Ex-South African president Thabo Mbeki may be a nice person in his personal life, but there is something nasty about his trip to meet his long-time ally, Robert Mugabe, in Harare recently. It is time to start looking for the maggots, because that visit is throwing a big, fishy smell.

Mbeki touched down in the capital last Monday and officials were quick to mark that as a “strictly private visit”. No doubt about the privacy of the visit. He could have just sneaked in without public notice if he had a choice. Questions linger, though, around what exactly it was they were meeting for.

South’s Africa’s ambassador to Zimbabwe, Mphakama Mbete, claimed Mbeki and Mugabe discussed experiences — whatever that means — in South Africa and here, including matters relating to liberation movements in southern Africa. The Zimbabwean president hinted at that in late June during the burial of former Botswana president, Ketumile Masire, when he revealed that he would be meeting with Mbeki to talk about the said liberation movements.

Mugabe’s spokesperson, George Charamba, was more cautious. Dodgy, in fact. He told the media that Zimbabwean officials didn’t even attend the engagement between the two pals, so he couldn’t know what the two political grannies were up to. The media, on the other hand, naively speculated Mbeki was coming to solve Mugabe’s succession headache.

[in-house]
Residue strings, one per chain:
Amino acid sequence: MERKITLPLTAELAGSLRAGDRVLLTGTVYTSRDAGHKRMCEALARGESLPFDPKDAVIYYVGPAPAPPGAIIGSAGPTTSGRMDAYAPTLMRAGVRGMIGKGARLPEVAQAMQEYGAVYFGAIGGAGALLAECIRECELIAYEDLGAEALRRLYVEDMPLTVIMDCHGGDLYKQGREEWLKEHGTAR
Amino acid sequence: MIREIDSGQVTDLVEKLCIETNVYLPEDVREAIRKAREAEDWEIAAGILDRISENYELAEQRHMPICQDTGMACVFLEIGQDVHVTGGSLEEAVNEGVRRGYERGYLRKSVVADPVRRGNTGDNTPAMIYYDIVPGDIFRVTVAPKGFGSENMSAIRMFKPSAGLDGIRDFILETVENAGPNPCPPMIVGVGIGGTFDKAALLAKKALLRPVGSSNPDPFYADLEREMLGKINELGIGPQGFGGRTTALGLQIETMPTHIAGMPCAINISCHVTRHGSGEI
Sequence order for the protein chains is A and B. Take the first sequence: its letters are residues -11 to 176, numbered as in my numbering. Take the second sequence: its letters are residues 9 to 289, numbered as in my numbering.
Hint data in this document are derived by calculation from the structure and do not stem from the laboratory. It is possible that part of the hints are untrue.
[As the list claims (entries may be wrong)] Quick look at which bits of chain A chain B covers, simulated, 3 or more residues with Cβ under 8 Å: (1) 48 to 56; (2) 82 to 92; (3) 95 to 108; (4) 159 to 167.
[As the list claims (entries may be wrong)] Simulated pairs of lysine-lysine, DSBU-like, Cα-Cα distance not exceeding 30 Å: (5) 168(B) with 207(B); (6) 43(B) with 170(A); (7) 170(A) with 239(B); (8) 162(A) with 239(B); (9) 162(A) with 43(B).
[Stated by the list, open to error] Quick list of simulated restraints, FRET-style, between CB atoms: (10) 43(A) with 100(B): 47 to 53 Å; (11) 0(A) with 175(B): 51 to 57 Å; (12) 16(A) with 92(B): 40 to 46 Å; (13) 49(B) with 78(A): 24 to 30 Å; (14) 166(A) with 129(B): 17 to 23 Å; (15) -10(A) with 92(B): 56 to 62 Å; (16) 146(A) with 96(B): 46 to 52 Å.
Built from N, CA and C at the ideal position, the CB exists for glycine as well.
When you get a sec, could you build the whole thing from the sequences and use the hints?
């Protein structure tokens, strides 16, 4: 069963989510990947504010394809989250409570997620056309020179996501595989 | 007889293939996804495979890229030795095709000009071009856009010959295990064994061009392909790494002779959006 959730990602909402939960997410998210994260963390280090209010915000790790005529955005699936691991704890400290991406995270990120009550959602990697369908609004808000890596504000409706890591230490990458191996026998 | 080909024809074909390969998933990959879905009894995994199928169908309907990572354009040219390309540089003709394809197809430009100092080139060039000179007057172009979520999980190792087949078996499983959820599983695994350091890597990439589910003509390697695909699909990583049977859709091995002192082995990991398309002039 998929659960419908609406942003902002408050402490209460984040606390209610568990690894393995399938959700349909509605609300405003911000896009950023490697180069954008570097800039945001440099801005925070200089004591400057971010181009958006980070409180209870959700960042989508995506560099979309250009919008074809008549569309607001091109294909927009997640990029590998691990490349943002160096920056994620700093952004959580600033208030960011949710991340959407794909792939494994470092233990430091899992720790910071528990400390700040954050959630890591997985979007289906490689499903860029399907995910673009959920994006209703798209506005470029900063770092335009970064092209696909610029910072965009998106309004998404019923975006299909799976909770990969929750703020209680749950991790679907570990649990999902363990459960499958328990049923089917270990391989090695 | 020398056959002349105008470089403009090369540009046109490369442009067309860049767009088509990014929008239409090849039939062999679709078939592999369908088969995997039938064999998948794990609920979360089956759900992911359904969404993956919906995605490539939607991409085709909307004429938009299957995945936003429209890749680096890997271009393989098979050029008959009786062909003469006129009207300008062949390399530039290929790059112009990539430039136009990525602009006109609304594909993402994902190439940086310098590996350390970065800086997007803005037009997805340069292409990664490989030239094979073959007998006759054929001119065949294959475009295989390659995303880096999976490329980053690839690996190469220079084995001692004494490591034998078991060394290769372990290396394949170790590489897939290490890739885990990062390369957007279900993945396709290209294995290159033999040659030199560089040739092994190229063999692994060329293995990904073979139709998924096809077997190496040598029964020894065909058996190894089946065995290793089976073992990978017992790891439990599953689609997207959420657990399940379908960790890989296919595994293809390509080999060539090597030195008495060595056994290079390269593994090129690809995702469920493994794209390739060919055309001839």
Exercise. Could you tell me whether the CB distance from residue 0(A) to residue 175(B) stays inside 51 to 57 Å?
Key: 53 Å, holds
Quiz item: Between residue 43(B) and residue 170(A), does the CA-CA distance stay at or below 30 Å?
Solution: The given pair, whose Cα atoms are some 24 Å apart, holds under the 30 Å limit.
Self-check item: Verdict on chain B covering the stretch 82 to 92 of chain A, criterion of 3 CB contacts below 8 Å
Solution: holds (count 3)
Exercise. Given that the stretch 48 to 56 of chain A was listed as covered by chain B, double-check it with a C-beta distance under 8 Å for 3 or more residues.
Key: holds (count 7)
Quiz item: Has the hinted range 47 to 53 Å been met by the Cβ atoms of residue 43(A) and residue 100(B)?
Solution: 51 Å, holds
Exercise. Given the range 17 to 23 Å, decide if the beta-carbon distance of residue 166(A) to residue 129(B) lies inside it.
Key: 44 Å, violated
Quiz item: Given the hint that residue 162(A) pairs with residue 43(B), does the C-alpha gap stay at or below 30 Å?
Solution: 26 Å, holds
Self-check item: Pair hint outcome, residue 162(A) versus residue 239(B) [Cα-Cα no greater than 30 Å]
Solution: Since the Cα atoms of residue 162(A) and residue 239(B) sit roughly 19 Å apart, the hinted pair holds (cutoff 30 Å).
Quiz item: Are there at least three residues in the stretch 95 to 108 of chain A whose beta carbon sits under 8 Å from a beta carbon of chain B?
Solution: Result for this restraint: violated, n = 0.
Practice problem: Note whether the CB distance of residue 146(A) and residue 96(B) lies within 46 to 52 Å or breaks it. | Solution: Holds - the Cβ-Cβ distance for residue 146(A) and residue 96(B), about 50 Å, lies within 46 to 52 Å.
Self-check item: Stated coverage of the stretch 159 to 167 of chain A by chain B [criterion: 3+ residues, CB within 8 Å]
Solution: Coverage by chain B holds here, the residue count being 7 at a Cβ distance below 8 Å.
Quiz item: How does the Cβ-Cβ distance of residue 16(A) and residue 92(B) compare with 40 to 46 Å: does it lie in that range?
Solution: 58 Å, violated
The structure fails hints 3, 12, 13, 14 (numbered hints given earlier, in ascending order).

Speculation, explanation or just claim, none of the above washes. Mbeki would not bring any value sharing Zimbabwean-South African experiences with Mugabe. It would always be an exercise in futility, not worth boarding a plane for and bothering an old man who is just too swamped with an economy beyond fixing and party factional fights too hot for his frail hands.

Mbeki had ample time to discuss with Mugabe, matters relating to the two neighbouring countries’ experiences when he was president. He certainly did that. Problem is, his efforts came to nought because his counterpart is just where he left him, if not worse, when Kgalema Motlanthe took over to finish off his term of office in 2008.

If at all Zimbabwe and South Africa were to benefit from such an engagement, Mugabe would have to be talking to Jacob Zuma, the current head of state across the Limpopo. Not Mbeki, whose weird conclusion just before he was deposed was that there was no crisis in Zimbabwe despite the run-away inflation, a lethal cholera outbreak and mass persecution of Mugabe’s critics.

The same applies to the liberation movements. Mbeki is obviously a bad choice to be discussing southern Africa’s liberation movements with. Whether that conversation is necessary or not is debate for another day. But the point remains that there are better people for Mugabe to be talking to on this subject than Mbeki. Of course, he remains an ANC elder, but he no longer holds sway in that party.